Harvey Glatman: The Early Years — Part 3

imageThe story so far:

In the summer of 1946, Ophelia Glatman received permission from the Colorado courts to take her son, Harvey, to stay with relatives named Feldman in New York.

Harvey Glatman had been arrested in Colorado in 1945 on charges of attempted robbery and was suspected of “terrorizing girls on Capitol Hill in Denver” by accosting them, undressing them and tying them to trees. According to 1946 news accounts, the Feldmans lived at 1565 Townsend Ave. in the Bronx and operated a summer concession in Rockaway.

On the afternoon of Aug. 17, 1946, Glatman, 18, left  the Feldmans’ apartment, telling his mother he was going to see the Marx Bros. “A Night in Casablanca.” Before Glatman left, he took a length of clothesline and was carrying a knife.

After seeing “A Night in Casablanca” in Manhattan, Glatman bought a toy pistol for 35 cents and took the subway to Woodlawn. From there, he boarded a trolley and then another trolley to get to Saw Mill River Road in Yonkers, N.Y.

Above right, the Yonkers Herald Statesman, Aug. 26, 1946.

21 Eastman Place, Yonkers, N.Y.

21 Eastman Place, Yonkers, N.Y., the home of one of Harvey Glatman’s intended victims, via Google Street View.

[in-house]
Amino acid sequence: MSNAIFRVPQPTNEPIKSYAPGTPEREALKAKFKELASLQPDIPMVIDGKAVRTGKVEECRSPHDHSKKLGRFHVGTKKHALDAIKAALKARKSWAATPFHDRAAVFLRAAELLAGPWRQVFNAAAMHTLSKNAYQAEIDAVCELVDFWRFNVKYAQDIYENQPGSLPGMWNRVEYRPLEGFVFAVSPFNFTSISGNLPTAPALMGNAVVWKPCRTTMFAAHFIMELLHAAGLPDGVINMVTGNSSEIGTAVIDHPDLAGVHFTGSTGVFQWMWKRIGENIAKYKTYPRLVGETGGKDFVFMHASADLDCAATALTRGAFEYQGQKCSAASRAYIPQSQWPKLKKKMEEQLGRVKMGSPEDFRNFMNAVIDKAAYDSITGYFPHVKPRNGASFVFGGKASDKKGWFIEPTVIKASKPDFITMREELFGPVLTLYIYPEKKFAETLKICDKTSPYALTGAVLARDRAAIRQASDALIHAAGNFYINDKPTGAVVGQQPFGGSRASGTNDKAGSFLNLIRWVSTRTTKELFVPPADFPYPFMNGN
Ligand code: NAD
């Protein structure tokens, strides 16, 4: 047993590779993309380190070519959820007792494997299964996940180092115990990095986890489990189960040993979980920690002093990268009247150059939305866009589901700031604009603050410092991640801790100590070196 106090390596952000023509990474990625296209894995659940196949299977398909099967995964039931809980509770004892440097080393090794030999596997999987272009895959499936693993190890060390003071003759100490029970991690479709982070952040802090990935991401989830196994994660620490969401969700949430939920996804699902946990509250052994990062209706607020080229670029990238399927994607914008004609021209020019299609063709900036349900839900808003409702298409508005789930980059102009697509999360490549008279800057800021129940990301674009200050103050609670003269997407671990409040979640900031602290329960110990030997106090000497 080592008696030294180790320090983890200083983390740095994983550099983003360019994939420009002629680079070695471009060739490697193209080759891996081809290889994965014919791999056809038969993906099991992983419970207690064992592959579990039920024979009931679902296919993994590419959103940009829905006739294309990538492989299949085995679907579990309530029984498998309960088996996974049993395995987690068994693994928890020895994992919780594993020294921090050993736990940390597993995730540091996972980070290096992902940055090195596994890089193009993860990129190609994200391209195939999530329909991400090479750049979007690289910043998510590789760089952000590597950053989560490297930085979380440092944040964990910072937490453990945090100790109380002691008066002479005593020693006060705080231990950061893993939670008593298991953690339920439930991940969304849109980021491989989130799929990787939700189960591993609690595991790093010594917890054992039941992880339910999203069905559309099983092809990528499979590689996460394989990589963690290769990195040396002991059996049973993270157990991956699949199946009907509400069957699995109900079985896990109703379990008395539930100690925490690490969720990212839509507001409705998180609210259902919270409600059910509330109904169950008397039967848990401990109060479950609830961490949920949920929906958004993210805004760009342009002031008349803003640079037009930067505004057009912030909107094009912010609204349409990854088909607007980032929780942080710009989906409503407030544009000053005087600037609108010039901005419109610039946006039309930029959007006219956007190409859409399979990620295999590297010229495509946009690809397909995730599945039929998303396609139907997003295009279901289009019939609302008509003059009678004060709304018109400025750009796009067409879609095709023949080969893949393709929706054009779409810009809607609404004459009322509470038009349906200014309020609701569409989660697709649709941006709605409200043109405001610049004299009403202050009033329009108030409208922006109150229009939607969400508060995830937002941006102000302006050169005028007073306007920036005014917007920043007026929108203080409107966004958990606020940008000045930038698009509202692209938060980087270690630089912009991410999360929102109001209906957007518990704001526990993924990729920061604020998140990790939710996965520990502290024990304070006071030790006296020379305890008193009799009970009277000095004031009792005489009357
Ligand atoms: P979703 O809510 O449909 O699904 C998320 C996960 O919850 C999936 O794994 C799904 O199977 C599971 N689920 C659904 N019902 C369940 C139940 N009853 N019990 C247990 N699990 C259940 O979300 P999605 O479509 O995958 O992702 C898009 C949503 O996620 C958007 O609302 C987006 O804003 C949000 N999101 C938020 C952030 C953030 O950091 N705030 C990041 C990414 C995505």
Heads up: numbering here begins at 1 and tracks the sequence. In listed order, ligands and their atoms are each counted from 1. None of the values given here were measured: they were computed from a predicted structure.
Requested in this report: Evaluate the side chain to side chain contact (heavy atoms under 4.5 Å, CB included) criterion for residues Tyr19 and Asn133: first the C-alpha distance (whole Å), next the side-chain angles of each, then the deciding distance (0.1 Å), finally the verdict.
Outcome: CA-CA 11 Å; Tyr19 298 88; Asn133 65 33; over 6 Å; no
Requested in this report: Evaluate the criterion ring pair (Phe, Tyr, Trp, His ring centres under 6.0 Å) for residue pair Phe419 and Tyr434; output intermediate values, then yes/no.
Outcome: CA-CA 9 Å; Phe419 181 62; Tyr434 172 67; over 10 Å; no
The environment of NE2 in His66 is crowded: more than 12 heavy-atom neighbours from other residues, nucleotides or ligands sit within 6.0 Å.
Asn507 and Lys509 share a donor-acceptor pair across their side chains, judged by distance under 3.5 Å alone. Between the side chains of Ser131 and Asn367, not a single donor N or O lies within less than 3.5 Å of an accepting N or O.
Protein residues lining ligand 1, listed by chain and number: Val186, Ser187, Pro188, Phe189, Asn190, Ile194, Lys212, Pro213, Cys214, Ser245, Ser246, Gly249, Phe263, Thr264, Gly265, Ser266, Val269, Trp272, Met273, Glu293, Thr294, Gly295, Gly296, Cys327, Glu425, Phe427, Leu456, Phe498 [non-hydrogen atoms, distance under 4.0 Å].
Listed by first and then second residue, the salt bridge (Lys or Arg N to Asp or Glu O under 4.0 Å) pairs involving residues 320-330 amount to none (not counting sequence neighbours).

A little before midnight, Glatman encountered two sisters, Olga Metrick, 239 Saw Mill River Road, and Rose Gianzerra, 21 Eastman Place, walking home. Glatman tried to rob the women at Metrick’s home on Saw Mill River Road, but was scared off and “jumped over several fences.”

Saw Mill River Road and Worth Street, Yonkers, N.Y.

Saw Mill River Road and Worth Street, Yonkers, N.Y., via Google Street View.

Within an hour, Glatman encountered Thomas Staro, 183 Waverly St., and Doris Thorne, 329 Saw Mill Road, on Worth Street.

Glatman tried to rob the couple. First he tied Staro’s feet and hands, and gagged him with a handkerchief. As Glatman was tying Thorne to a tree and cutting the clothesline with a penknife, Staro got his hands free and attacked Glatman, who stabbed him with the knife.

Glatman ran away, leaving a sport coat. He later told police that he spent the night in the woods.

In the meantime, Yonkers Police Detectives Albert Hoffarth,  Robert Schlegel,  Louis Ligay and Dominick Cuccia recovered Glatman’s sport coat and found a dry cleaner’s identifying mark. Police began visiting dry cleaners in the New York area to see if any of them could identify the jacket’s owner.

After visiting hundreds of dry cleaners, the detectives located a shop in Rockaway and learned Glatman’s identity.

Police sent out a nationwide alert and got a kickback from Denver police that included Glatman’s police record and a photo. The hunt began for Harvey M. Glatman.

Glatman woke up the next morning, Aug. 18, after spending the night in the woods. He told police he walked through the forest until he reached Tarrytown, N.Y., and took a train to Albany, N.Y.

To be continued.

About lmharnisch

I am retired from the Los Angeles Times
This entry was posted in 1946, Crime and Courts, Homicide and tagged , , . Bookmark the permalink.

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